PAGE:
Background

How Technology Killed Empathy

Uploaded 5/8/2012, approx. 3 minute read

My name is Sam Vaknin. I am the author of Malignant Self-Love: Narcissism Revisited.

Whatever happened to empathy, where have solidarity, charity and compassion gone?

A series of earth-shattering social, economic and technological trends converged to render empathy a tedious nuisance best avoided.

Foremost among these trends is the emergence of modern technology. Technology had and has a devastating effect on the survival and functioning of core social units such as the community, neighborhood and, most crucially, the family.

With the introduction of modern, fast transportation and telecommunication, it was no longer possible to confine the members of the family to the household, to the village, or even to the neighborhood. The industrial and later information revolutions splintered the classical nuclear family and scattered its members as they outsourced the family's core functions.

Today, feeding, education, and entertainment, which used to be provided by the family, are actually provided by external suppliers. And this process is ongoing. Interactions with the outside world are being minimized. People conduct their lives more and more indoors.

They communicate with other people, their biological and original family included, via telecommunications devices and the Internet. They spend most of their time, work and create the cyber world. Their true and really only home is their website or page on the social network, du jour. Their only reliably permanent address is their email address. Their enduring, albeit as such, friendships are co-chatchers on Facebook. They work from home, flexibly and independently of others. They customize their cultural consumption using 500-channel televisions based on video-on-demand technology.

No two people are watching the same program at the same time. Hermeneutic and mutually exclusive universes will be the end result of this process. People will be linked by very few common experiences within the framework of virtual communities.

They will hold their world with them as they move about. The miniaturization of storage devices will permit people to carry whole libraries of data and entertainment in their suitcase or backpack or even pocket.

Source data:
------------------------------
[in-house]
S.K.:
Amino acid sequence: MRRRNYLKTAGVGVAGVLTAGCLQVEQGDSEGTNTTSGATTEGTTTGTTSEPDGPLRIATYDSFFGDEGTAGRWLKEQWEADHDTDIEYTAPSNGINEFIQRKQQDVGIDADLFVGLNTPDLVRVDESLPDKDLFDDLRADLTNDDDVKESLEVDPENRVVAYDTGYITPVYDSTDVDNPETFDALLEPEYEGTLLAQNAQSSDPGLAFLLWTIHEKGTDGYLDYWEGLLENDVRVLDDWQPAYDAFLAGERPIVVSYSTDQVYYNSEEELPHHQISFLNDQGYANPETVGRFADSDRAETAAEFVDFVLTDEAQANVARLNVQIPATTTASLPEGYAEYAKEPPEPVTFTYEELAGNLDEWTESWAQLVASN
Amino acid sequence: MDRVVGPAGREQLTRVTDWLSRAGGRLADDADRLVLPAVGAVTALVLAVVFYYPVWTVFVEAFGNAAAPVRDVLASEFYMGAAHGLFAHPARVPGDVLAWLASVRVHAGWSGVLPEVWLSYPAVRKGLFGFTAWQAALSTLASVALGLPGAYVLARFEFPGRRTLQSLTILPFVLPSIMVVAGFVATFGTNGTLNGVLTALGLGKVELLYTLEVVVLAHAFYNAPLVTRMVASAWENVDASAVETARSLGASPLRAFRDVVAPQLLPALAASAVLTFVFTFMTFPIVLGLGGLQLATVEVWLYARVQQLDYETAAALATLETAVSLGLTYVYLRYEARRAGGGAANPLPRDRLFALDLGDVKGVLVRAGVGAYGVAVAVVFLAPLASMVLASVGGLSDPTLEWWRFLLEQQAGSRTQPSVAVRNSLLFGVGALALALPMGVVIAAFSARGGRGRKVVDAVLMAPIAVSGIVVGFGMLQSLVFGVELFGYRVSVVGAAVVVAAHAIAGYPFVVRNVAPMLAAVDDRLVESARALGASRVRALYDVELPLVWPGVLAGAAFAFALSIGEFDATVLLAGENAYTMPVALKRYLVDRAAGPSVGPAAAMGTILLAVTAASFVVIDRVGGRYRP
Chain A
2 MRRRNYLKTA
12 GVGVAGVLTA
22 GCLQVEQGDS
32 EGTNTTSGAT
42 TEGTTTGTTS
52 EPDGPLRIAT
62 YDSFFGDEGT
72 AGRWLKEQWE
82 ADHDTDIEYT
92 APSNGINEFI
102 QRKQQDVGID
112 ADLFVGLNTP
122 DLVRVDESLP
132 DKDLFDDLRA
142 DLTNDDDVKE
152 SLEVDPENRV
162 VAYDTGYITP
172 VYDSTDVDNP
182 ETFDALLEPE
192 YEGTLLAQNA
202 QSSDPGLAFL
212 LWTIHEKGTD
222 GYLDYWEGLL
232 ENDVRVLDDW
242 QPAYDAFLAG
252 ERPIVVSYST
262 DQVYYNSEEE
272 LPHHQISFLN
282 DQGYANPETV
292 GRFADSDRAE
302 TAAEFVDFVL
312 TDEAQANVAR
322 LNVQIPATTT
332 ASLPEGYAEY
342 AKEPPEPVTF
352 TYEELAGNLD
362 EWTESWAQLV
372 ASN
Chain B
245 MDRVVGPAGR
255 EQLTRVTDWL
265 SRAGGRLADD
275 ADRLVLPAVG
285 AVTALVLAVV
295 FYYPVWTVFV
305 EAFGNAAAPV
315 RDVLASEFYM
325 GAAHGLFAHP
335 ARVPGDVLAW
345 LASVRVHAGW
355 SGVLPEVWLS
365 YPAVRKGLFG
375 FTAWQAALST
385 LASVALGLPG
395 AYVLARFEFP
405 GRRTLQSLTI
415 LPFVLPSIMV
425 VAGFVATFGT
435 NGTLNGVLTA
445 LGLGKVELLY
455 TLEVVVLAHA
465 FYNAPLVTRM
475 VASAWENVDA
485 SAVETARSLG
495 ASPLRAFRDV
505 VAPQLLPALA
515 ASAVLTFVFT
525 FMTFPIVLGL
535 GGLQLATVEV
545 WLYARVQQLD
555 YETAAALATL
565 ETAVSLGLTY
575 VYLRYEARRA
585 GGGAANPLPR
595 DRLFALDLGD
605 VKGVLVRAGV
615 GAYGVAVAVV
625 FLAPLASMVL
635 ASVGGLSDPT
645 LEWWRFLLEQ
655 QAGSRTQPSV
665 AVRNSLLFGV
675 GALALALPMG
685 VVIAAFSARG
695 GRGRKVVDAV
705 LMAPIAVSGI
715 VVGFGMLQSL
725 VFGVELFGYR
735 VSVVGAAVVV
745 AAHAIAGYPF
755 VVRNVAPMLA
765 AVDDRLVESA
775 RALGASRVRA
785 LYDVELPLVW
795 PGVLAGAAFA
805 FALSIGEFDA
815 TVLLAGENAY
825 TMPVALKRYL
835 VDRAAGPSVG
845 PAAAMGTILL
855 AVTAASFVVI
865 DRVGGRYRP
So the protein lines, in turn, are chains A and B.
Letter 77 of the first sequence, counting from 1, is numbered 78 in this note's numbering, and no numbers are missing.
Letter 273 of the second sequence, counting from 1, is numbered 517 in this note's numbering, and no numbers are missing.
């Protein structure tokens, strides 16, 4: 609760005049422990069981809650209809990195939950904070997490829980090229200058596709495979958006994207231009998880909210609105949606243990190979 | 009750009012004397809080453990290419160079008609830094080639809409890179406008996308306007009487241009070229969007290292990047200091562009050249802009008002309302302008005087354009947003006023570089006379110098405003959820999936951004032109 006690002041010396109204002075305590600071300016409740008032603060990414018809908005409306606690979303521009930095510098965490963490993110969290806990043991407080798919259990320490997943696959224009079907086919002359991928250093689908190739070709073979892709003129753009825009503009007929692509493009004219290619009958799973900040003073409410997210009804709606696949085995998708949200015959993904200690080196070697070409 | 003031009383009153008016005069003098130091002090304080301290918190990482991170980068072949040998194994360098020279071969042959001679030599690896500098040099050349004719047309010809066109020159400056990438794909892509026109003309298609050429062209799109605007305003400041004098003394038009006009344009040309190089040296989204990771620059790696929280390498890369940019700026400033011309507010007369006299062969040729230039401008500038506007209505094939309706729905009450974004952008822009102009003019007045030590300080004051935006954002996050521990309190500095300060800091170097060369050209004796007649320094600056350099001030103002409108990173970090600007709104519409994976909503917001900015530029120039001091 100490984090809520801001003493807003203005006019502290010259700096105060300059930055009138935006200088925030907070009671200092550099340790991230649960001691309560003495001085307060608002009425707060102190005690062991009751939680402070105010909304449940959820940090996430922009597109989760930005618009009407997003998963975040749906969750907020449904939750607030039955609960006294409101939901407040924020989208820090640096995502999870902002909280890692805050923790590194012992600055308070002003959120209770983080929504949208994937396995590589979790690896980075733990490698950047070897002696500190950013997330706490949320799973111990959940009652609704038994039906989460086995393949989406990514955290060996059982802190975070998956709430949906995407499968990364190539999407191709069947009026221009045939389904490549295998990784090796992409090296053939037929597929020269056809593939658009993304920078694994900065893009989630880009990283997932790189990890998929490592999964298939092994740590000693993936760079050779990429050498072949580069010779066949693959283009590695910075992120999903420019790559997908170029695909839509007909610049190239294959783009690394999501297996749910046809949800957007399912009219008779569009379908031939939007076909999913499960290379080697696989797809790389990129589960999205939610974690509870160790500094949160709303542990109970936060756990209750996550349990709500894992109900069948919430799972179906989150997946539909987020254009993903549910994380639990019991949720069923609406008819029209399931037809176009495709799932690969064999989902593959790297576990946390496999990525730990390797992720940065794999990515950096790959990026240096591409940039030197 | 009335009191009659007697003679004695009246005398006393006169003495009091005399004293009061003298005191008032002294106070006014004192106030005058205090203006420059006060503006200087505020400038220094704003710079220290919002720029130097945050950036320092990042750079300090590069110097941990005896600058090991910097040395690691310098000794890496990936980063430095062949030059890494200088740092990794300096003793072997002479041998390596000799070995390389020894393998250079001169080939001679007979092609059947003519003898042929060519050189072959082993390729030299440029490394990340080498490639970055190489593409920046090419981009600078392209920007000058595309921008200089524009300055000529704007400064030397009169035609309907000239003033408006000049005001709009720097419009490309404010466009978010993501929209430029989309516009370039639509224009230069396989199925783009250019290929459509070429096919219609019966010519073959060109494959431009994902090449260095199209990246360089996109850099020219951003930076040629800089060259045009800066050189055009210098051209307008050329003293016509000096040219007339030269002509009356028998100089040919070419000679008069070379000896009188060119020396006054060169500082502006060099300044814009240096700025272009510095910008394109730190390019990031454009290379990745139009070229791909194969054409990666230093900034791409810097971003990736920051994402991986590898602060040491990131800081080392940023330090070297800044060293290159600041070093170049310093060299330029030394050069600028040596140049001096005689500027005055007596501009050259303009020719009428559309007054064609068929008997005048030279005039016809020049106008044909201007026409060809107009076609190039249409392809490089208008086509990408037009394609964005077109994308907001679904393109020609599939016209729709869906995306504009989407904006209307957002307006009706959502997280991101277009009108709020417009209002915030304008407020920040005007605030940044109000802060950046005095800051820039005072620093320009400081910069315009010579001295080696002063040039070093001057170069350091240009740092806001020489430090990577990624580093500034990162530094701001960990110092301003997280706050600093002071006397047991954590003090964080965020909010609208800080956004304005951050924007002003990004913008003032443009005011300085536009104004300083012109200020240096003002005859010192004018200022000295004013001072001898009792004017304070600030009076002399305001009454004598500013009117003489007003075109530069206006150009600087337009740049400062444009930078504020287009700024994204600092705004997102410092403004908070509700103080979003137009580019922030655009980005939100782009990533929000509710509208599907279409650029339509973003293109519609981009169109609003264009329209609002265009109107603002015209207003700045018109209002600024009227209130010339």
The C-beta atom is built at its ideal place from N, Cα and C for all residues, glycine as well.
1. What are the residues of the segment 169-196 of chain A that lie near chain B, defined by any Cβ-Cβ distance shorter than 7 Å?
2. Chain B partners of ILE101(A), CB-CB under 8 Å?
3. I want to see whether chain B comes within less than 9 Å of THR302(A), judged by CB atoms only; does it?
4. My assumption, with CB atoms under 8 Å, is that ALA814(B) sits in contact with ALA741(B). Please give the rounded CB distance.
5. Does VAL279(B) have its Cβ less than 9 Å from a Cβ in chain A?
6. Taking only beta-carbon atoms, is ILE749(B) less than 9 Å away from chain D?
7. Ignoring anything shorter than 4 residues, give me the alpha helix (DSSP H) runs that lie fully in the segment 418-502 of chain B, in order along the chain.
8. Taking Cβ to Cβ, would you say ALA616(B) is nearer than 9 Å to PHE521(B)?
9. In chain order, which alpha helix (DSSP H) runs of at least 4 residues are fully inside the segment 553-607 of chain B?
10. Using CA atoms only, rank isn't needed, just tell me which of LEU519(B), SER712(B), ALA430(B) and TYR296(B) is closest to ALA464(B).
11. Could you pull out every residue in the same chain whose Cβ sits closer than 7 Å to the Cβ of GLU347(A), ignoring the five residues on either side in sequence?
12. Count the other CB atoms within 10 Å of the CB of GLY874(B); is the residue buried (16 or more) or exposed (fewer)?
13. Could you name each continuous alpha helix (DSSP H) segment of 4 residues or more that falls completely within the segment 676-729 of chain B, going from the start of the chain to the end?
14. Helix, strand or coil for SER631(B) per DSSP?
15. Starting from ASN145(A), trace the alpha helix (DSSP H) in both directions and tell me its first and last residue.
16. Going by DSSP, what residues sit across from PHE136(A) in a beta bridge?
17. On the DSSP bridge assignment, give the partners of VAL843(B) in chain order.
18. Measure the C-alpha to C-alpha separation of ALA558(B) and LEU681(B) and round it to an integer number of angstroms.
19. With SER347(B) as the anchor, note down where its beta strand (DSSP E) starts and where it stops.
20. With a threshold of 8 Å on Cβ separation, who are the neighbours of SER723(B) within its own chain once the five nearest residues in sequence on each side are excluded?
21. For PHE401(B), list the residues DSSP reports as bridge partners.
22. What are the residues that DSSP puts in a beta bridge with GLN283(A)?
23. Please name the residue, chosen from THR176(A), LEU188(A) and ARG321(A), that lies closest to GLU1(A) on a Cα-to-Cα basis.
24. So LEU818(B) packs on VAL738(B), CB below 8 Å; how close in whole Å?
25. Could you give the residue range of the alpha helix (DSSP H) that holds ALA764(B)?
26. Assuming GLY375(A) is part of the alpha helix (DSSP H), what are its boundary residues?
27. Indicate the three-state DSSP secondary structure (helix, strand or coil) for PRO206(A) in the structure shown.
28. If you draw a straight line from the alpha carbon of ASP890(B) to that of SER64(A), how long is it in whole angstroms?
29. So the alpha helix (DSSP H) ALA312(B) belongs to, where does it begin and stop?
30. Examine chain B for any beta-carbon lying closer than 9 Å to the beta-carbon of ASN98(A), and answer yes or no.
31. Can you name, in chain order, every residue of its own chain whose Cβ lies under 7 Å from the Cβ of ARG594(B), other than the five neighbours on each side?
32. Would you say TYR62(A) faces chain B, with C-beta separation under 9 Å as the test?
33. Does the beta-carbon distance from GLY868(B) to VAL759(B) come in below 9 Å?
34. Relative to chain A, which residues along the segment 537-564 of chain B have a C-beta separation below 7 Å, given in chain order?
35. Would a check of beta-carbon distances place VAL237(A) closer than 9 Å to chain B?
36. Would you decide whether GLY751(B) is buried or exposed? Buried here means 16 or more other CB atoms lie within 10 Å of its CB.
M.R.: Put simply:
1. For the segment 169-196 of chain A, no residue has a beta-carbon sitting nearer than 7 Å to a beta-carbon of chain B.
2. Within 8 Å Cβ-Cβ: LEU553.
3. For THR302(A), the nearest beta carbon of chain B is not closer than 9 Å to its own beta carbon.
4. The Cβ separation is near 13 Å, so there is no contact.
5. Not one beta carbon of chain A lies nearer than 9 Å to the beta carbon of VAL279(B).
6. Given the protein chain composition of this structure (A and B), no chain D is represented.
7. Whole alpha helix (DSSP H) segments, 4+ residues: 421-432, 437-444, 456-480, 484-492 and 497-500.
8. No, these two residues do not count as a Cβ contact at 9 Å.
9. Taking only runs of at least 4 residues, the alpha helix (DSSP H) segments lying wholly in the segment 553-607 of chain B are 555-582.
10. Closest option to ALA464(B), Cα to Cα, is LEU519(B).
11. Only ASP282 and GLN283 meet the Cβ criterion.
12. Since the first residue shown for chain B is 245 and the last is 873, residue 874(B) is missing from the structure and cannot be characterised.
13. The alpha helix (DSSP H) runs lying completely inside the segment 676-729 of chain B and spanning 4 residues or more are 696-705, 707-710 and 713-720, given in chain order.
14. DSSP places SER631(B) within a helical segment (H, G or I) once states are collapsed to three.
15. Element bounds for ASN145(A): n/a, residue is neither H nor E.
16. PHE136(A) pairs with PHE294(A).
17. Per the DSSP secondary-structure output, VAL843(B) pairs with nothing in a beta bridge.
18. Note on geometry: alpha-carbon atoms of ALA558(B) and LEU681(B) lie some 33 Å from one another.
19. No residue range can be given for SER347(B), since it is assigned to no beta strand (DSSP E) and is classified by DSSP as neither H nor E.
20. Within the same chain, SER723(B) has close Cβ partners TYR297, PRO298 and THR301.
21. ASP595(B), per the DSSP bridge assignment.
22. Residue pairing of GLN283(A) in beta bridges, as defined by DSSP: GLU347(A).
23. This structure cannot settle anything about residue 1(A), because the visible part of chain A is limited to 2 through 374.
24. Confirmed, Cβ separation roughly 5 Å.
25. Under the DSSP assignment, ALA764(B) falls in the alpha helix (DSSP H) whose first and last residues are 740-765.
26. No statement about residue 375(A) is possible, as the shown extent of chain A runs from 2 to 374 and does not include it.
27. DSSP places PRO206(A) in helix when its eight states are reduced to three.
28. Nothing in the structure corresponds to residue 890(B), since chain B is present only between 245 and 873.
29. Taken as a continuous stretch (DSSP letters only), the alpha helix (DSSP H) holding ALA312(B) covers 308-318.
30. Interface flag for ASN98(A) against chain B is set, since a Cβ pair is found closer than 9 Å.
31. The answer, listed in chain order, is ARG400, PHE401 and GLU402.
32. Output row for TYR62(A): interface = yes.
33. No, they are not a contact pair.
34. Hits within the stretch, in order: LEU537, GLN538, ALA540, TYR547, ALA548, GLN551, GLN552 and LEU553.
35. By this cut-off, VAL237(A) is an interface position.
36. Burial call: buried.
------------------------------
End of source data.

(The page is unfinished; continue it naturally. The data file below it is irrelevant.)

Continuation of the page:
They will no longer need or resort to physical interactions.

Consider for instance the issue of screens. Screens have been with us for centuries now. Paintings are screens. Windows are screens. Yet the very nature of screens has undergone a revolutionary transformation in the last two decades or so. All the screens that preceded the PDA's personal digital assistants and the smartphones were inclusive of reality. They were end screens.

Where you watched them, you could not avoid, you could not screen out data emanating from your physical environment. These screens were screen in reality and that was the prevalent modus operandi. So this is the first type of screens. End screens. Screens in reality.

Consider for instance the cinema, television and the personal computer. Even when entangled in the flow of information provided by these machines, you were still fully exposed to and largely aware of your surroundings.

The screens of the past were one step removed. There was always a considerable physical distance between the user and the device and the field of vision extended to encompass copious peripheral input from the environment.

Now consider the iPhone or the digital camera. Their screens are tiny but they monopolize the field of vision and they exclude the world by design. The physical distance between retina and screen has shrunk to the point of energy. 3D television with its specialty eyeglasses and total immersion is merely the culmination of this trend. Their utter removal of reality from the viewer's experience.